On the quiet, tree-lined streets off Wisconsin Avenue in upper Northwest Washington, Sunday afternoon is a time when residents wash the car, run a few errands, walk in the park or just sit in the back yard, contemplating a glass of lemonade. The children of these relatively affluent neighborhoods tour the blocks and alleys on their bicycles, get in some batting or tennis practice at the nearest playground or wander over to the local pool.

But this peaceful and orderly routine is slowly giving way to the weekend and evening hustle and bustle generated by an increasing number of retail and entertainment outlets that have sprung up along the Wisconsin Avenue corridor. And of these, none so threatens the community, residents say, as the $40 million shopping/office/six-theater cinema complex under construction at 4000 Wisconsin Ave.

The five-story project, being developed jointly by the Donohoe Construction Co. and the Holladay Corp. on the former site of Johnson's Flower Center, is being called a downtown building in an uptown neighborhood -- in this case, the communities of Tenley Park, McLean Gardens, Cleveland Park and American University Park, among others.

"It's the biggest project between Georgetown and Friendship Heights, and it's going to have two to three times the density of the others," protested Barbara Burney, 41, whose home is on Upton Street NW, just across the street from the complex.

Burney and her Ward 3 neighbors, who have organized as the Tenley and Cleveland Park Emergency Committee, provide a laundry list of why the project shouldn't be built: It will increase traffic congestion and noise in the area, more so than when Johnson's operated at the site; an access road to the project will intrude on the northern tip of Glover-Archbold Park; the extra traffic will pose safety hazards for children, and there aren't enough parking spaces.

Residents, including many of the citizen groups that represent them, also accuse the developers of rushing to get the project under way before the community realized its size and impact.

And they are furious with Mayor Marion Barry, who is running for reelection, because he recently cleared the way for the issuance of two street permits for the development.

"The mayor couldn't run for dogcatcher right now in Ward 3," said Joel Odum, president of the Tenley and Cleveland Park Emergency Committee. "It's the No. 1 issue here."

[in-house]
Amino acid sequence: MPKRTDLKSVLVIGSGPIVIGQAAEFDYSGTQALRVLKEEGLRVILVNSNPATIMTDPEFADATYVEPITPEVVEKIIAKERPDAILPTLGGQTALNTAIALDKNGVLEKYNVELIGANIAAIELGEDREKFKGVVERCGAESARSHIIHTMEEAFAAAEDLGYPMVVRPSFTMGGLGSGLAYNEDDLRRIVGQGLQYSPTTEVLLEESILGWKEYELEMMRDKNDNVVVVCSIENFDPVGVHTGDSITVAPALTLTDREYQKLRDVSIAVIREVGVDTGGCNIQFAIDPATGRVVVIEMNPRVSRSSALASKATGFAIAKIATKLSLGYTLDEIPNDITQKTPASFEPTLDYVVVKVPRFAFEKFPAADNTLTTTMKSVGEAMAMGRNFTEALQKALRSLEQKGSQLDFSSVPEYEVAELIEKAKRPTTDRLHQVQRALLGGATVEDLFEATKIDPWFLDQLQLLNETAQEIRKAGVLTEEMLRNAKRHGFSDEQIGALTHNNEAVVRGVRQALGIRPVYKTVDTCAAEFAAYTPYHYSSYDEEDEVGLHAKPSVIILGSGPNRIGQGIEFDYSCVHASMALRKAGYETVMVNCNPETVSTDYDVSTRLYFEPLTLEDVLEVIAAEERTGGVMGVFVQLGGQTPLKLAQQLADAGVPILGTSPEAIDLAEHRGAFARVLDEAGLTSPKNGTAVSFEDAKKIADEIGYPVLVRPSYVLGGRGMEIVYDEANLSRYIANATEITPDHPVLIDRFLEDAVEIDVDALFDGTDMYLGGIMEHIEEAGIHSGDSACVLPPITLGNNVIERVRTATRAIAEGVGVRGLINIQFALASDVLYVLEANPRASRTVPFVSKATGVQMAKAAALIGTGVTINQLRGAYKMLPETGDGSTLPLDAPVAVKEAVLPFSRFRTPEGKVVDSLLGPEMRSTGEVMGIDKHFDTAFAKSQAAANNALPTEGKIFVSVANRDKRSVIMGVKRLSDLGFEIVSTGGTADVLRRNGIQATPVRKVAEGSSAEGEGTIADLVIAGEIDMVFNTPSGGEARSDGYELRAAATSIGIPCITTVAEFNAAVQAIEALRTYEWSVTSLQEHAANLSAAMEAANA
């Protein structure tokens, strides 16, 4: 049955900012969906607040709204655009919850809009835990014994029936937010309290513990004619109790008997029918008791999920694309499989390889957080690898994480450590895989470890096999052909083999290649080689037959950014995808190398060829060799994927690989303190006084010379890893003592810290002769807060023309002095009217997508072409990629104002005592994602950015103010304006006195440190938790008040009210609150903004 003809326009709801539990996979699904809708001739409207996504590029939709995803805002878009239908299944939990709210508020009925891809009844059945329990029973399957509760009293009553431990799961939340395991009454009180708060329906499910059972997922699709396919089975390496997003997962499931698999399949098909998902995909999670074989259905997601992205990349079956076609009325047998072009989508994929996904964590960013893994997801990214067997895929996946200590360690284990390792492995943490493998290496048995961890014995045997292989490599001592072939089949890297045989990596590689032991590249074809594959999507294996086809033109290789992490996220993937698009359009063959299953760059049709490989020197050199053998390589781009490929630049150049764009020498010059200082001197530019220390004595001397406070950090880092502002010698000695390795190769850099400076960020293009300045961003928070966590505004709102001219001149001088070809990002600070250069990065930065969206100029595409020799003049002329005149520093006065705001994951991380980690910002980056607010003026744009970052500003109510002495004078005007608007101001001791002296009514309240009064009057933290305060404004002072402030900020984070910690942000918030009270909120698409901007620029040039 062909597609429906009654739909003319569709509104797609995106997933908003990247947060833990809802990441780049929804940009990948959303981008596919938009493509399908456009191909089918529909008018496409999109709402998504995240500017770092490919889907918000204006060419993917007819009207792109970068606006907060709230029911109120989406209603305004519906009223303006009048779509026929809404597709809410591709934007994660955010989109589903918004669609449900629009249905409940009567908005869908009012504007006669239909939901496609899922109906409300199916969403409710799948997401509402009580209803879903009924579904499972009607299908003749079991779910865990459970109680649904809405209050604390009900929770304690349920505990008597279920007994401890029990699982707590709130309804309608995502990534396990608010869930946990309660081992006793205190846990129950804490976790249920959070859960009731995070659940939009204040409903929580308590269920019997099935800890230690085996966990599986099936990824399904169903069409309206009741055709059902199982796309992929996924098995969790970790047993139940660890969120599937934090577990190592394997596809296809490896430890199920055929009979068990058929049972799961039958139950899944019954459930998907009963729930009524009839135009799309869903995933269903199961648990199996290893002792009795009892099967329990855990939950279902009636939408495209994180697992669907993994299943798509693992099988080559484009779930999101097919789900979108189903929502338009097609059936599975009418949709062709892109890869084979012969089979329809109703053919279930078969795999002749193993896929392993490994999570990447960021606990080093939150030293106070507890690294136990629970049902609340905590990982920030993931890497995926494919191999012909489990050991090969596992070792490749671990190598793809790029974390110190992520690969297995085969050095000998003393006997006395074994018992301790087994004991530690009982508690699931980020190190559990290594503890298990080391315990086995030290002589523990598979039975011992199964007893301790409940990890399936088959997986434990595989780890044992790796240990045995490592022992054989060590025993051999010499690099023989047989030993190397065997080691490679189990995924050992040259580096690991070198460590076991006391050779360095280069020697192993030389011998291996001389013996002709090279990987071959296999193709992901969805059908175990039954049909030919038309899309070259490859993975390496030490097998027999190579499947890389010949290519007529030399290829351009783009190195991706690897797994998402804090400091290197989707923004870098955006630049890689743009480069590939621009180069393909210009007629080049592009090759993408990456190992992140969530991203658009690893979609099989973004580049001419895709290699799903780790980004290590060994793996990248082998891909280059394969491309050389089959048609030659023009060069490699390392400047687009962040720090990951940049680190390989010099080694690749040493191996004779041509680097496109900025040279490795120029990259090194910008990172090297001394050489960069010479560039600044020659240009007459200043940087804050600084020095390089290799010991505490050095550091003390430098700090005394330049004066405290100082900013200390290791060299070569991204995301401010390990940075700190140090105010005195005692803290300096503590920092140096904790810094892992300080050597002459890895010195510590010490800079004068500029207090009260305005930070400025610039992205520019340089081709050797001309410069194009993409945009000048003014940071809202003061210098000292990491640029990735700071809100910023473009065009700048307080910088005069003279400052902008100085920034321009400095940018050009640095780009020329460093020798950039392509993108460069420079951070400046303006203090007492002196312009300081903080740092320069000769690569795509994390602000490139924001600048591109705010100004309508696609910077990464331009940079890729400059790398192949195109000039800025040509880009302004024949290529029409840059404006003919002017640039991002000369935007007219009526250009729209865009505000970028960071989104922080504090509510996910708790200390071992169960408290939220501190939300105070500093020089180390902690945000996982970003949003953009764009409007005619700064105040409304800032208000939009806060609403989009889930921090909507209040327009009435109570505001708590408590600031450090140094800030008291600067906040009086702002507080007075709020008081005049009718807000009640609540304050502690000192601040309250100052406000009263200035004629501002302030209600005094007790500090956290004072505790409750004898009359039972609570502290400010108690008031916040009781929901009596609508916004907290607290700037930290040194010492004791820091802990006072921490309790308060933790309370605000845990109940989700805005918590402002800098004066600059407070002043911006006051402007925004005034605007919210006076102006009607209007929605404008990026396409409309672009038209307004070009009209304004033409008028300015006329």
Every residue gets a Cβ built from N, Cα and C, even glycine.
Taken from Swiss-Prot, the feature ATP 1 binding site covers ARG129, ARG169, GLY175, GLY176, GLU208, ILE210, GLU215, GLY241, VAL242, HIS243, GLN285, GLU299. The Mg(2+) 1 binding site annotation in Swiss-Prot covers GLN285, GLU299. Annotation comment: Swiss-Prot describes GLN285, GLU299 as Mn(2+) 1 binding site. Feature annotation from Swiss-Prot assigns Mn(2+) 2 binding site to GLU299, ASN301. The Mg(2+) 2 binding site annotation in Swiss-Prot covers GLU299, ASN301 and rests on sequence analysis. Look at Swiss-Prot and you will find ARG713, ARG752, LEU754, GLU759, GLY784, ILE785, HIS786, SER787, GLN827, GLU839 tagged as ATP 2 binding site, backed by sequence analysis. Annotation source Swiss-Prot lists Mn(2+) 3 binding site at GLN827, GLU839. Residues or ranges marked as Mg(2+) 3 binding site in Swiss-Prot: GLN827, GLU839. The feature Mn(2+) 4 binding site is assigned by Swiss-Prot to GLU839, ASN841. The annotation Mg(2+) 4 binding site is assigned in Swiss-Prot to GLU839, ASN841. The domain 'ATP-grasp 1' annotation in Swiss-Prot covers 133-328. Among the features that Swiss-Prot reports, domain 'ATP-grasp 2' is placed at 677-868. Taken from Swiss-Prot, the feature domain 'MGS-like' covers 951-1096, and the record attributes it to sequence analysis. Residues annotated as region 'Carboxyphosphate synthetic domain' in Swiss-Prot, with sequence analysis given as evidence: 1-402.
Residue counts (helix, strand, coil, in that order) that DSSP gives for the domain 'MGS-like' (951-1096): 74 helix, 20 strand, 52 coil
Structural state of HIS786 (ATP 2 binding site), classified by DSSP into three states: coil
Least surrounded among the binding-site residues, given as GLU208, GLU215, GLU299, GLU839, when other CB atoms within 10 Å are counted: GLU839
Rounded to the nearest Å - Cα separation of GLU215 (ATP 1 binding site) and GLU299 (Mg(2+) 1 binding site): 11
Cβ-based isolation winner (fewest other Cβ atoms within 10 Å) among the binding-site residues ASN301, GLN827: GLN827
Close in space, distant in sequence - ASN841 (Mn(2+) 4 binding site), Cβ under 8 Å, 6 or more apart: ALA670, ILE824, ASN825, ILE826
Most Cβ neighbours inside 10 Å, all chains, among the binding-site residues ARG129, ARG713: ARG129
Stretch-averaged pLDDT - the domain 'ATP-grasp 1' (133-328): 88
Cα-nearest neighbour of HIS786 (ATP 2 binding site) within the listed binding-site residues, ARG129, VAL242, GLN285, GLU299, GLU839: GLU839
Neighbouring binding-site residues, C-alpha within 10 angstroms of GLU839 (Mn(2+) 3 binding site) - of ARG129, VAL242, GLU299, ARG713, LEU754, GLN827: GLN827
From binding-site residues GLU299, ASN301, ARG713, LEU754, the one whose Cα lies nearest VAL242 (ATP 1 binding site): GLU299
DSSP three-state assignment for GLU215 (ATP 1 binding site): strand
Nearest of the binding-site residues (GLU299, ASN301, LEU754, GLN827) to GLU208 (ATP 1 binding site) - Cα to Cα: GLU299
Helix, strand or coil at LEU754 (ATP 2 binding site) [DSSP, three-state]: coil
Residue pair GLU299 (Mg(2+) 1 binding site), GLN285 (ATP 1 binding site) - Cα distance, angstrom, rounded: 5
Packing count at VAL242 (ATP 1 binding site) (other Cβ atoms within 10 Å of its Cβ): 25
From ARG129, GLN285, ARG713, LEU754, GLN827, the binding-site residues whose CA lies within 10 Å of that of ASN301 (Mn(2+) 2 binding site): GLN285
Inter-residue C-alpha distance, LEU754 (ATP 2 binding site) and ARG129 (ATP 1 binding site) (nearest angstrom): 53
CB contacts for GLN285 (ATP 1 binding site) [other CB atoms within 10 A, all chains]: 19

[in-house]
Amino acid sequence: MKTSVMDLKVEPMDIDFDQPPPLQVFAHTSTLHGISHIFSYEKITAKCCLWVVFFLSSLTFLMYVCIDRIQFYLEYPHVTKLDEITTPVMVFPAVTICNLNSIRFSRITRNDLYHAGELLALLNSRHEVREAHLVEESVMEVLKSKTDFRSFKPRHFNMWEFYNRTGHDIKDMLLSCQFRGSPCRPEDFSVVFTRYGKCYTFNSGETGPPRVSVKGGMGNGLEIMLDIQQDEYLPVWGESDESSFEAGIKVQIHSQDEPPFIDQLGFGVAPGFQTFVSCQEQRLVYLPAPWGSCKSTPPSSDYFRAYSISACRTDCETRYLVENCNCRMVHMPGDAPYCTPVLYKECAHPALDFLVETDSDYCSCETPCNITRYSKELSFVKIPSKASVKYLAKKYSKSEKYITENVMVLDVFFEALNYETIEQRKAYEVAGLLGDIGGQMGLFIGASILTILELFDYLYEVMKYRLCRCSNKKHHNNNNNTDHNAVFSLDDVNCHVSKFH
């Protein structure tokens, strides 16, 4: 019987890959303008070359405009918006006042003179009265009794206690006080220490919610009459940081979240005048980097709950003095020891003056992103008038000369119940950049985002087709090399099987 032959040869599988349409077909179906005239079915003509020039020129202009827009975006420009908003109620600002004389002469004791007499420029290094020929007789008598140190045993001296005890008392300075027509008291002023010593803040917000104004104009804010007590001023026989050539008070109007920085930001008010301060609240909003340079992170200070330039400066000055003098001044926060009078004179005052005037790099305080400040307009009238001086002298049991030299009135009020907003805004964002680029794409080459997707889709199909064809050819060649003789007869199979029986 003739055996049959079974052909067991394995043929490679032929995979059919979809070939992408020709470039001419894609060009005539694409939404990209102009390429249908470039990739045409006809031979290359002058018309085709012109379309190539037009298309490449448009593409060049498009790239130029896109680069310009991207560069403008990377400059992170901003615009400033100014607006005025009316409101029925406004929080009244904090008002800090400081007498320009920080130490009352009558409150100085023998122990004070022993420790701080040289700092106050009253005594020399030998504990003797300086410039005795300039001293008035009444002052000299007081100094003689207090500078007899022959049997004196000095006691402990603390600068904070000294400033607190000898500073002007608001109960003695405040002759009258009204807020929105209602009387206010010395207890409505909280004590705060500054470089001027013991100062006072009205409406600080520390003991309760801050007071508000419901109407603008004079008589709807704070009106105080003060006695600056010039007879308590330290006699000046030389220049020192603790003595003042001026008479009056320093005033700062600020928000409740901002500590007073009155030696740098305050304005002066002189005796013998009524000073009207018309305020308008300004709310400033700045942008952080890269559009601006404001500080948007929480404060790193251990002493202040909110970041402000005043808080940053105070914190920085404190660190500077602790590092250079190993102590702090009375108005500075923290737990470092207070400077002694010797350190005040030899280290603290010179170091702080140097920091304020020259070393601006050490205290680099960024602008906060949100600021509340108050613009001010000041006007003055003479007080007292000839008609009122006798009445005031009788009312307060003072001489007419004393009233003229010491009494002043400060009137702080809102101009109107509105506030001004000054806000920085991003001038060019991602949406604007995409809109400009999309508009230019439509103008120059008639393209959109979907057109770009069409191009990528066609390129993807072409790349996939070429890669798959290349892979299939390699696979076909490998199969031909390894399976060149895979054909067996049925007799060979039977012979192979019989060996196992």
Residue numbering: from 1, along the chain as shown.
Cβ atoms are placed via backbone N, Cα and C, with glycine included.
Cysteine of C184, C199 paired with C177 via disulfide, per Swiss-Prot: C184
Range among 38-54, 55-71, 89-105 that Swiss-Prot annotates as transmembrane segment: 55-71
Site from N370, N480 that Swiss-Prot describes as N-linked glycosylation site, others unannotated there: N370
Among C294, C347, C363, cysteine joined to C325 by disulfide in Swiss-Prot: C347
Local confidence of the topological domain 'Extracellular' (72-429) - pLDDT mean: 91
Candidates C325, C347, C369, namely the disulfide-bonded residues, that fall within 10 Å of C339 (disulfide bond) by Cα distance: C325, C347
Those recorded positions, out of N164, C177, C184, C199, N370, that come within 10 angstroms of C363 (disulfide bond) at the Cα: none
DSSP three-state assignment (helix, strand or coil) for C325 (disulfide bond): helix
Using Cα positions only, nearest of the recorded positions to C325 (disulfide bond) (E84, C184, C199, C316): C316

Barry has said he sympathizes with the concerns of the Ward 3 communities and has invited several representatives to a June 5 meeting of a special task force studying development and redevelopment pressures along the Wisconsin Avenue corridor. As a further signal of his concern, he has named City Administrator Thomas Downs to head the panel and coordinate its meetings.

But the mayor has defended the project's legality.

"The law is very clear that whether I like it or whether they like it or not, the developers have a right to develop the site," Barry said.

Alvin McNeal, the city's chief of long-range planning, said the developers will need the additional road access -- the paving of Glover-Archbold Parkway and an extension of Upton Street -- to relieve the traffic congestion that is causing so much community concern.

"There's been fairly substantial, but allowable development in this area," said McNeal. "But the city did negotiate with the developers to get free and reduced rate parking in the complex to reduce the number of vehicles on residential streets."

Last week, an emotional, daylong Board of Zoning Adjustment hearing drew numerous Ward 3 residents, including Joan Mondale, wife of former vice president Walter Mondale, and the candidates for the Ward 3 seat on the City Council. Lawyers for the community groups and the project developers repeatedly clashed over whether the Advisory Neighborhood Commissions in the area had been given proper notice about the development.

"We never saw the plans," said Peggy Robin, chairwoman of ANC 3C, who testified. "We were always told they wouldn't be ready until the spring of 1986."

Whayne Quin, a lawyer for the developers, said affected ANCs routinely receive a list from the city of all building permit applications and that the Wisconsin Avenue complex was among those listed in last December's notices.

But Gloria Corn, a commissioner from ANC 3F and a candidate for the City Council from Ward 3, testified that community groups who received copies of the list of building permit applications mistakenly thought the permit had already been granted.

She reminded Quin of an earlier project in Ward 3 in which the community had been consulted, adding, "When you acted in good faith with us, we acted in good faith with you, and everybody was happy -- the community, the developer and the lawyers."

The zoning board said it will rule on whether to revoke the project's building permit at its July 2 meeting.